By Megan Bozman
Government, at least here in the US, isn’t widely regarded as being helpful to the development and adoption of new technology. On the contrary, many feel that government regulation will be the hurdle that delays the autonomous car. (38,300 people were killed and 4.4 million injured on U.S. roads in 2015, but yes, let’s focus on the one, injury-free accident the Google Car had in more than 1.3 million miles driven since 2009.)
However, there have been some positive developments recently for IoT.
Earlier this month, both the Department of Homeland Security (DHS) and National Institute of Standards and Technology (NIST) released new security guidelines for the IoT. The voluntary guidance was developed by NIST over a four-year period, and released one month ahead of schedule as a result of last month’s massive DDoS attack.
The DHS document provides non-binding principles and suggested best practices. It is, “a first step to motivate and frame conversations about positive measures for IoT security among IoT developers, manufacturers, service providers, and the users who purchase and deploy the devices, services, and systems.”
IoT Security is a Matter of Homeland Security
In the press release announcing the new guidelines, Secretary of Homeland Security Jeh Johnson stated, “We increasingly rely on functional networks to advance life-sustaining activities, from self-driving cars to the control systems that deliver water and power to our homes. Securing the Internet of Things has become a matter of homeland security.”
IoT Security is lacking, but why?
Secretary Johnson continued, “The growing dependency on network-connected technologies is outpacing the means to secure them.”
I think the fundamental flaw in this quote is that the ‘means to secure’ IoT do exist. It’s implementation of those means that is not keeping pace.
Specific strategies for IoT security are out there, and known by many technology professionals. They just aren’t bothering to implement them.
So I certainly agree with Secretary Johnson about the problem, but I strongly disagree on the cause. Indeed, the DHS document itself seems to weigh in on my side here, “Many of the vulnerabilities in IoT could be mitigated through recognized security best practices, but too many products today do not incorporate even basic security measures.”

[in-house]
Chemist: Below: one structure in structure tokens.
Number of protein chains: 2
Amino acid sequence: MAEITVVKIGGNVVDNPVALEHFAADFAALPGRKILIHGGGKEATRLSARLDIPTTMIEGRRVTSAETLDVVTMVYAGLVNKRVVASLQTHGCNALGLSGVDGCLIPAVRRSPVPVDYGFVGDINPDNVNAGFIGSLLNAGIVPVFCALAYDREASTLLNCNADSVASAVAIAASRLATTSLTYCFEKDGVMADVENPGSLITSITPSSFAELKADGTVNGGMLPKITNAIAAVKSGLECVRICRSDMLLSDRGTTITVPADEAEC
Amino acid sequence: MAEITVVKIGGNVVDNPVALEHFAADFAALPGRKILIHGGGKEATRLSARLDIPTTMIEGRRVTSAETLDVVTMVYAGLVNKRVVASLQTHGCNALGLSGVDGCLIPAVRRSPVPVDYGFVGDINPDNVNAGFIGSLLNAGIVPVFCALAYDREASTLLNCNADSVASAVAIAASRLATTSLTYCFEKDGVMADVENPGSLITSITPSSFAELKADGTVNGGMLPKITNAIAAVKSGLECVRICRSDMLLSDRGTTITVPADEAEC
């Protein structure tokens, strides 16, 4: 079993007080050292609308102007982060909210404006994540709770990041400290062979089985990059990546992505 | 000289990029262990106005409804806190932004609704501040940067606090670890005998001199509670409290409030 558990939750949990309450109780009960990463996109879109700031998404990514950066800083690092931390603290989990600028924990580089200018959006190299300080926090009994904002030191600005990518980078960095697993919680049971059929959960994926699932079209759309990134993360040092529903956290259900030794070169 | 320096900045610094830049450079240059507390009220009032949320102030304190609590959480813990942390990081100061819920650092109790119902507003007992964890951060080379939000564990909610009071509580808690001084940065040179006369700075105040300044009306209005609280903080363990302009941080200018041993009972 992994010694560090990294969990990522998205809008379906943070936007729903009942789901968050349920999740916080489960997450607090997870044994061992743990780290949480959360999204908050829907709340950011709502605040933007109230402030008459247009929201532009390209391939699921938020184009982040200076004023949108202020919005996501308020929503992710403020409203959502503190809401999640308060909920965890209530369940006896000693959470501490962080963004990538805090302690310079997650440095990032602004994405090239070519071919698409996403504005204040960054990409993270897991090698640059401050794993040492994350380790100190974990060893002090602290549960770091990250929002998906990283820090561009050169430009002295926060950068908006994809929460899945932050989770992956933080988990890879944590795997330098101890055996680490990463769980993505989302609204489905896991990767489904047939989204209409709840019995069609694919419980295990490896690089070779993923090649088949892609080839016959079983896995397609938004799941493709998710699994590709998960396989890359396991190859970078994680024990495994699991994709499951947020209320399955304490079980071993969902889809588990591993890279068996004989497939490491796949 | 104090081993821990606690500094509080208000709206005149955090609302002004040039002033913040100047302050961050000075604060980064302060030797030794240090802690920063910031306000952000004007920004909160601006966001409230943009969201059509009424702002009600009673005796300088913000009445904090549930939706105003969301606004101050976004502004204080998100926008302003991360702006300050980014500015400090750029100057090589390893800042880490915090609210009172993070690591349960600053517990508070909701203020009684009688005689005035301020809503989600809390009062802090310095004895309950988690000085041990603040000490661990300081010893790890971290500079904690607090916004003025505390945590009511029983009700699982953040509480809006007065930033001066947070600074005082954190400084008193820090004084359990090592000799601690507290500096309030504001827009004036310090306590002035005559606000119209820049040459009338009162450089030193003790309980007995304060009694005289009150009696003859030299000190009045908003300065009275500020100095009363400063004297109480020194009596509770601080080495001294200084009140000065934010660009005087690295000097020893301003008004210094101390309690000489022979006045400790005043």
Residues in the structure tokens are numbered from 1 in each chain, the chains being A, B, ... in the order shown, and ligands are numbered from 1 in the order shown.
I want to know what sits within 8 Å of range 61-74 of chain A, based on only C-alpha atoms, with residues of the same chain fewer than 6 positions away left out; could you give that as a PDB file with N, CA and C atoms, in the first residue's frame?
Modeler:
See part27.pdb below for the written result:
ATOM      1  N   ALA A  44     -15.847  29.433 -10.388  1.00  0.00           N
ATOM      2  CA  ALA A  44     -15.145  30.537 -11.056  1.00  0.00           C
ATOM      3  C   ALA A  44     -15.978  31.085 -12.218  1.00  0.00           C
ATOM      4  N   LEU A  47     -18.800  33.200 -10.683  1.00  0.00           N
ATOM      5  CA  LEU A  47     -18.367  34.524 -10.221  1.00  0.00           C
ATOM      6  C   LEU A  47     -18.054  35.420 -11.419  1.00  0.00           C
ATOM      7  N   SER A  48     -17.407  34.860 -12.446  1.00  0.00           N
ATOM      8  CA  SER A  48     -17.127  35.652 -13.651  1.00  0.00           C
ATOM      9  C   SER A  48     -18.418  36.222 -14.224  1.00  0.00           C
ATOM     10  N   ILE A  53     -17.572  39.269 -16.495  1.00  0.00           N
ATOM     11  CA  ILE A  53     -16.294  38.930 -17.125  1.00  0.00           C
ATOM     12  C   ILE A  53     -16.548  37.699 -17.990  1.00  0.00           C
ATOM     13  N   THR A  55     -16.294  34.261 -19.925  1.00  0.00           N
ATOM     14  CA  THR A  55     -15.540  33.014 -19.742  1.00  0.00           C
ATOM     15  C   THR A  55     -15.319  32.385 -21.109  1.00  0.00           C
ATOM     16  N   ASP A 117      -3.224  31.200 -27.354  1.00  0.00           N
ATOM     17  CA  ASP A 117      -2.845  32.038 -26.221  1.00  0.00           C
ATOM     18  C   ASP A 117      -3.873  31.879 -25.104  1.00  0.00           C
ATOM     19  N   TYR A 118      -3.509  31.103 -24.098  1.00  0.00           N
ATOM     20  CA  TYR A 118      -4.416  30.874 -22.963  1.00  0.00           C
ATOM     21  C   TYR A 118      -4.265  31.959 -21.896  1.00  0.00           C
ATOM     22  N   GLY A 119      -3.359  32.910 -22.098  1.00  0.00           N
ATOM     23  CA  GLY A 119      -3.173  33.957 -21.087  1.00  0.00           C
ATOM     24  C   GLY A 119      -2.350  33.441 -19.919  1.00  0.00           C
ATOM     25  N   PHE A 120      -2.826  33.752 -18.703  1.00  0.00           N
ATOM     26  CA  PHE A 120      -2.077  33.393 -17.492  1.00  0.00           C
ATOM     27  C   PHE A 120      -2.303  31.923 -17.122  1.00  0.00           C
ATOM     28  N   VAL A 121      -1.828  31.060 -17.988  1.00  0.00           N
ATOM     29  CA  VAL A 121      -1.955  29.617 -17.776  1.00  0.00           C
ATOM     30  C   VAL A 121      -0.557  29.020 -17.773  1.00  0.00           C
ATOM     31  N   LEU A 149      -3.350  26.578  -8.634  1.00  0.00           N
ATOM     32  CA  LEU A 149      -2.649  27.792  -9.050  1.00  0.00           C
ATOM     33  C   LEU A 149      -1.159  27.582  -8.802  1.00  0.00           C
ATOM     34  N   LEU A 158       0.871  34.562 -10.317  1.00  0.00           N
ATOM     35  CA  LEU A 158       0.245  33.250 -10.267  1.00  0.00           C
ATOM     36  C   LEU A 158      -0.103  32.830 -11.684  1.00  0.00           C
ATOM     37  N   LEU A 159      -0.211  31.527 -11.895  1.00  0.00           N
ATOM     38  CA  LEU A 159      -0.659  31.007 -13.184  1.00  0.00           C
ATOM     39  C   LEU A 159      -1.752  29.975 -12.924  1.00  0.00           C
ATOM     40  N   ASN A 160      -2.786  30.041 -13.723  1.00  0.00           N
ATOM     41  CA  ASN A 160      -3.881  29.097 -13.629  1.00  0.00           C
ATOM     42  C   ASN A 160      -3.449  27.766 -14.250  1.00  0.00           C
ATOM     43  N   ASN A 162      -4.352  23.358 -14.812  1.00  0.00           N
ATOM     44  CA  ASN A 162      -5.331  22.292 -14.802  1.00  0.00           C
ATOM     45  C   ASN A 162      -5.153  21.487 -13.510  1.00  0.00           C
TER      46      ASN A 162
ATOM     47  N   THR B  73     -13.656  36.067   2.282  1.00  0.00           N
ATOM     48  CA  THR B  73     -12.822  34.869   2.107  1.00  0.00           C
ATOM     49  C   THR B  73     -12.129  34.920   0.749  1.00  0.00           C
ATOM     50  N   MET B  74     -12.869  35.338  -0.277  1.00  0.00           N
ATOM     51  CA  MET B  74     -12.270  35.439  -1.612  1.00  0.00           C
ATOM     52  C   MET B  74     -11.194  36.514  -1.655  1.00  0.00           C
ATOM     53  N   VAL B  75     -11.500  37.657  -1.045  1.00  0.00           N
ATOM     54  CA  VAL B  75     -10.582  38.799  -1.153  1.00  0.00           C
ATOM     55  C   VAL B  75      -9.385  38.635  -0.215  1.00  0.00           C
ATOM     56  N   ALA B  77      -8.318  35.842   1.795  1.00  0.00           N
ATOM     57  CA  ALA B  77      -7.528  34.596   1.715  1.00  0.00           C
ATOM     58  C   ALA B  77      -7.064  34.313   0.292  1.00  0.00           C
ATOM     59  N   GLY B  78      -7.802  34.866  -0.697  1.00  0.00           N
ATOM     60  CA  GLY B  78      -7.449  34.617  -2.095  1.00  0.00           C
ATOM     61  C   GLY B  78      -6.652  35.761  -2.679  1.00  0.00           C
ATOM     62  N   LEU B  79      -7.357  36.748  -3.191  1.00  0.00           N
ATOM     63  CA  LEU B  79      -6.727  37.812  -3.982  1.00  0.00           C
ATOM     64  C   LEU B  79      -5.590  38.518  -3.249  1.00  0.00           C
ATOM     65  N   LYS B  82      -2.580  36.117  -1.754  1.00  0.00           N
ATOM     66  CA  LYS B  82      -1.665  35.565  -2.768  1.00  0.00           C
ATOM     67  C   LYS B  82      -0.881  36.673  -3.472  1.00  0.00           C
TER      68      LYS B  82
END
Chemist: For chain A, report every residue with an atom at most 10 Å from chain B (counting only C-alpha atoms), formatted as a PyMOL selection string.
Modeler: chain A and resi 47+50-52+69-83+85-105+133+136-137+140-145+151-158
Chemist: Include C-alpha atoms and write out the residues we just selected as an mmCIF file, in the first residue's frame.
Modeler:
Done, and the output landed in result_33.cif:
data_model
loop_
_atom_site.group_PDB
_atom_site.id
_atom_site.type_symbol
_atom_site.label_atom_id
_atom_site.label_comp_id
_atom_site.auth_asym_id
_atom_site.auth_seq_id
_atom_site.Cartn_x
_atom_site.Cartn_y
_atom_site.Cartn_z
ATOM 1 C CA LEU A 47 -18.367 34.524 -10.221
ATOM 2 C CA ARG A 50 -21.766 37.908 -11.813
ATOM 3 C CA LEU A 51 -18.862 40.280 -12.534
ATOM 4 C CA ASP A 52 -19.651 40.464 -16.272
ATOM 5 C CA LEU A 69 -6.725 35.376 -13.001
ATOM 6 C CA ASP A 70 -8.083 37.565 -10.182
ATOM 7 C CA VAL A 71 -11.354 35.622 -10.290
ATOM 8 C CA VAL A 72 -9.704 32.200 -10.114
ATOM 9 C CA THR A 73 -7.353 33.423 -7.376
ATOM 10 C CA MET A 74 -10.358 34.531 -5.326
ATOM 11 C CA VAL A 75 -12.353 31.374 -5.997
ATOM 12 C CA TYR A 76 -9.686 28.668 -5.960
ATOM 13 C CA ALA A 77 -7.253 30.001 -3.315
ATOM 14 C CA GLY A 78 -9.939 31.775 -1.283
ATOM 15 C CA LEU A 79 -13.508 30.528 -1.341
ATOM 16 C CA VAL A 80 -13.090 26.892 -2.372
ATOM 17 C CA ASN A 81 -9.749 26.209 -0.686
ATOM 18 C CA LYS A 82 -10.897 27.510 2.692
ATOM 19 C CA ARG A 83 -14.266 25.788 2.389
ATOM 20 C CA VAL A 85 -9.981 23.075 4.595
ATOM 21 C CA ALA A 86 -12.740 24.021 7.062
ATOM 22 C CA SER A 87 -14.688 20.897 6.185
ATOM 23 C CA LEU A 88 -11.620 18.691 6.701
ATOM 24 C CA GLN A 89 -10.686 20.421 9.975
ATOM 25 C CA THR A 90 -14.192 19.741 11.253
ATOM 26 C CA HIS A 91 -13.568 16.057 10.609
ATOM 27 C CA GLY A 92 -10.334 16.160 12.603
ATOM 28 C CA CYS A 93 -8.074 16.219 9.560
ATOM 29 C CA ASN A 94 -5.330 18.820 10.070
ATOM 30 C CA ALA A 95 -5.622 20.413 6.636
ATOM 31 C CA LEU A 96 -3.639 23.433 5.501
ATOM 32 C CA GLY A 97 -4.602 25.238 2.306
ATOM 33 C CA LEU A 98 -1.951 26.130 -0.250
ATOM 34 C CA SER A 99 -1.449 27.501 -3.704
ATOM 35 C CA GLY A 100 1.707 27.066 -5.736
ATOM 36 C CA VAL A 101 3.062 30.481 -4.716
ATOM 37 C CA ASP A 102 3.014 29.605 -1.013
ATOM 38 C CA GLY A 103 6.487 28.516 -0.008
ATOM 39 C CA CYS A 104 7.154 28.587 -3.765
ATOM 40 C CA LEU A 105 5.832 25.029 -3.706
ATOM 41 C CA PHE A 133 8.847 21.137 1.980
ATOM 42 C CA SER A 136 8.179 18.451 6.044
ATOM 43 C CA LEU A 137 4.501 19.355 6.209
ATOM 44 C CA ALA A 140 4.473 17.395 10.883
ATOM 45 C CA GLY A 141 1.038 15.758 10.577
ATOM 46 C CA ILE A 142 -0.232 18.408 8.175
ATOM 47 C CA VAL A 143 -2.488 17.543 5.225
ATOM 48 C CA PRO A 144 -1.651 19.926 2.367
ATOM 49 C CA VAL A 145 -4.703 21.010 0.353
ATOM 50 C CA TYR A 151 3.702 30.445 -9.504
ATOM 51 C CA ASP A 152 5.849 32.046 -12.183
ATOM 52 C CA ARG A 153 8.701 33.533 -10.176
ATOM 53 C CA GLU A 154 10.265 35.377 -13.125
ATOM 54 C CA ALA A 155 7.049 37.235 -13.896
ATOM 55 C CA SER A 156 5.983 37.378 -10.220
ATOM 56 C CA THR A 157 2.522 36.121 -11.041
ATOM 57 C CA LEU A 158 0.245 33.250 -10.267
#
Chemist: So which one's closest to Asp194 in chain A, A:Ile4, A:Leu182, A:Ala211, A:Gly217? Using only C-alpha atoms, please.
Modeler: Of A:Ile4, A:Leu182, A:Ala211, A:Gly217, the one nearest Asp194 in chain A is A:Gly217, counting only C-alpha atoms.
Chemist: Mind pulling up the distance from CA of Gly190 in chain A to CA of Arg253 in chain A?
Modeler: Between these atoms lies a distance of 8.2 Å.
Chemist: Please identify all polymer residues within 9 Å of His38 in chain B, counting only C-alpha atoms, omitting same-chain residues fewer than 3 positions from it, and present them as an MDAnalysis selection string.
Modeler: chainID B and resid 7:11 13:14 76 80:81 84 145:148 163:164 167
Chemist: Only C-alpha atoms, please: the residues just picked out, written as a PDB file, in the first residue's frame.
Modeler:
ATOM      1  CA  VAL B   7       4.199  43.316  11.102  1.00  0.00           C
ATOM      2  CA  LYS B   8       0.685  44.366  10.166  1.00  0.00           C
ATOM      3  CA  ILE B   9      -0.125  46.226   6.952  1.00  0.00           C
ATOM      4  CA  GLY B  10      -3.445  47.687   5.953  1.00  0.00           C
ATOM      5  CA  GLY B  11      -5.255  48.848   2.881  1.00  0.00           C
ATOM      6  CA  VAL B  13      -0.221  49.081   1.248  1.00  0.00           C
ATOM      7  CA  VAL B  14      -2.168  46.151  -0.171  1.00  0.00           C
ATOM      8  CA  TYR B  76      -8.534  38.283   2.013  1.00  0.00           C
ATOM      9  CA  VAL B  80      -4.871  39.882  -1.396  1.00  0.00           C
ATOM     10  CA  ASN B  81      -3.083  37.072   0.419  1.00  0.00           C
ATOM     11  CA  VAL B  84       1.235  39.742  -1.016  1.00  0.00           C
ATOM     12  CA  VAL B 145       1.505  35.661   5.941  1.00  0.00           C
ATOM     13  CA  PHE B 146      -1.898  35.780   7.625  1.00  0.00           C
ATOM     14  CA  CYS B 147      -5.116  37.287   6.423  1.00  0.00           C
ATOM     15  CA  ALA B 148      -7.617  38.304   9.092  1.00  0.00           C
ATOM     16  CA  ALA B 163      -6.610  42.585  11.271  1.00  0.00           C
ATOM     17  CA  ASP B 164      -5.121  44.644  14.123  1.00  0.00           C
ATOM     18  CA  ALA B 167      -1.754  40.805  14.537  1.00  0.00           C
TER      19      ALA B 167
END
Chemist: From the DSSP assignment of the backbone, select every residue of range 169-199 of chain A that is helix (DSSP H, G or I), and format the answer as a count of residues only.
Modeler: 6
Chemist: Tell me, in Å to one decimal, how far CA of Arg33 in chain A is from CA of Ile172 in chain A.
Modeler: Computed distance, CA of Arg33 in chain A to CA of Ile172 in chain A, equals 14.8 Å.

Security: Can’t Bolt it on Later
I was particularly pleased to read that the security guidance encompass the entire development lifecycle.
The purpose of the principles is stated as, “to equip stakeholders with suggested practices that help to account for security as they develop, manufacture, implement, or use network connected devices.”
Indeed, attempting to bolt security on after the fact is not a pathway to robust, secure solutions. It must be factored into the development cycle from inception through product launch.
DHS Guidelines Broad, NIST Granular
Including the glossary, the NIST document is 242 pages long, whereas the DHS is 17; a count which includes the cover page. NIST Special Publication 800-160, “This publication addresses the engineering-driven perspective and actions necessary to develop more defensible and survivable systems, inclusive of the machine, physical and human components that compose the systems and the capabilities and services delivered by those systems.”
IoT Security Guidelines to Build Public Trust
“Really what we’re trying to do is get the same trustworthiness that you have when you cross a bridge or fly on an airplane,” NIST Fellow Ron Ross said recently at cybersecurity firm Splunk Inc.’s annual summit. “That trustworthiness doesn’t happen by accident. You have to engineer it into the system.”
“The increasing prevalence of IoT devices in critical industries — power production, transportation infrastructure and medical technology — means federal security mandates could soon be on their way, Ross added.”
While my initial inclination is to view government regulation as a hindrance to the advancement of technology, I have to admit Mr. Ross made an excellent analogy. I know commercial air traffic is profoundly safe, which is certainly in large part to the credit of the FAA. If that safety track record persists, this is excellent news for the future of IoT.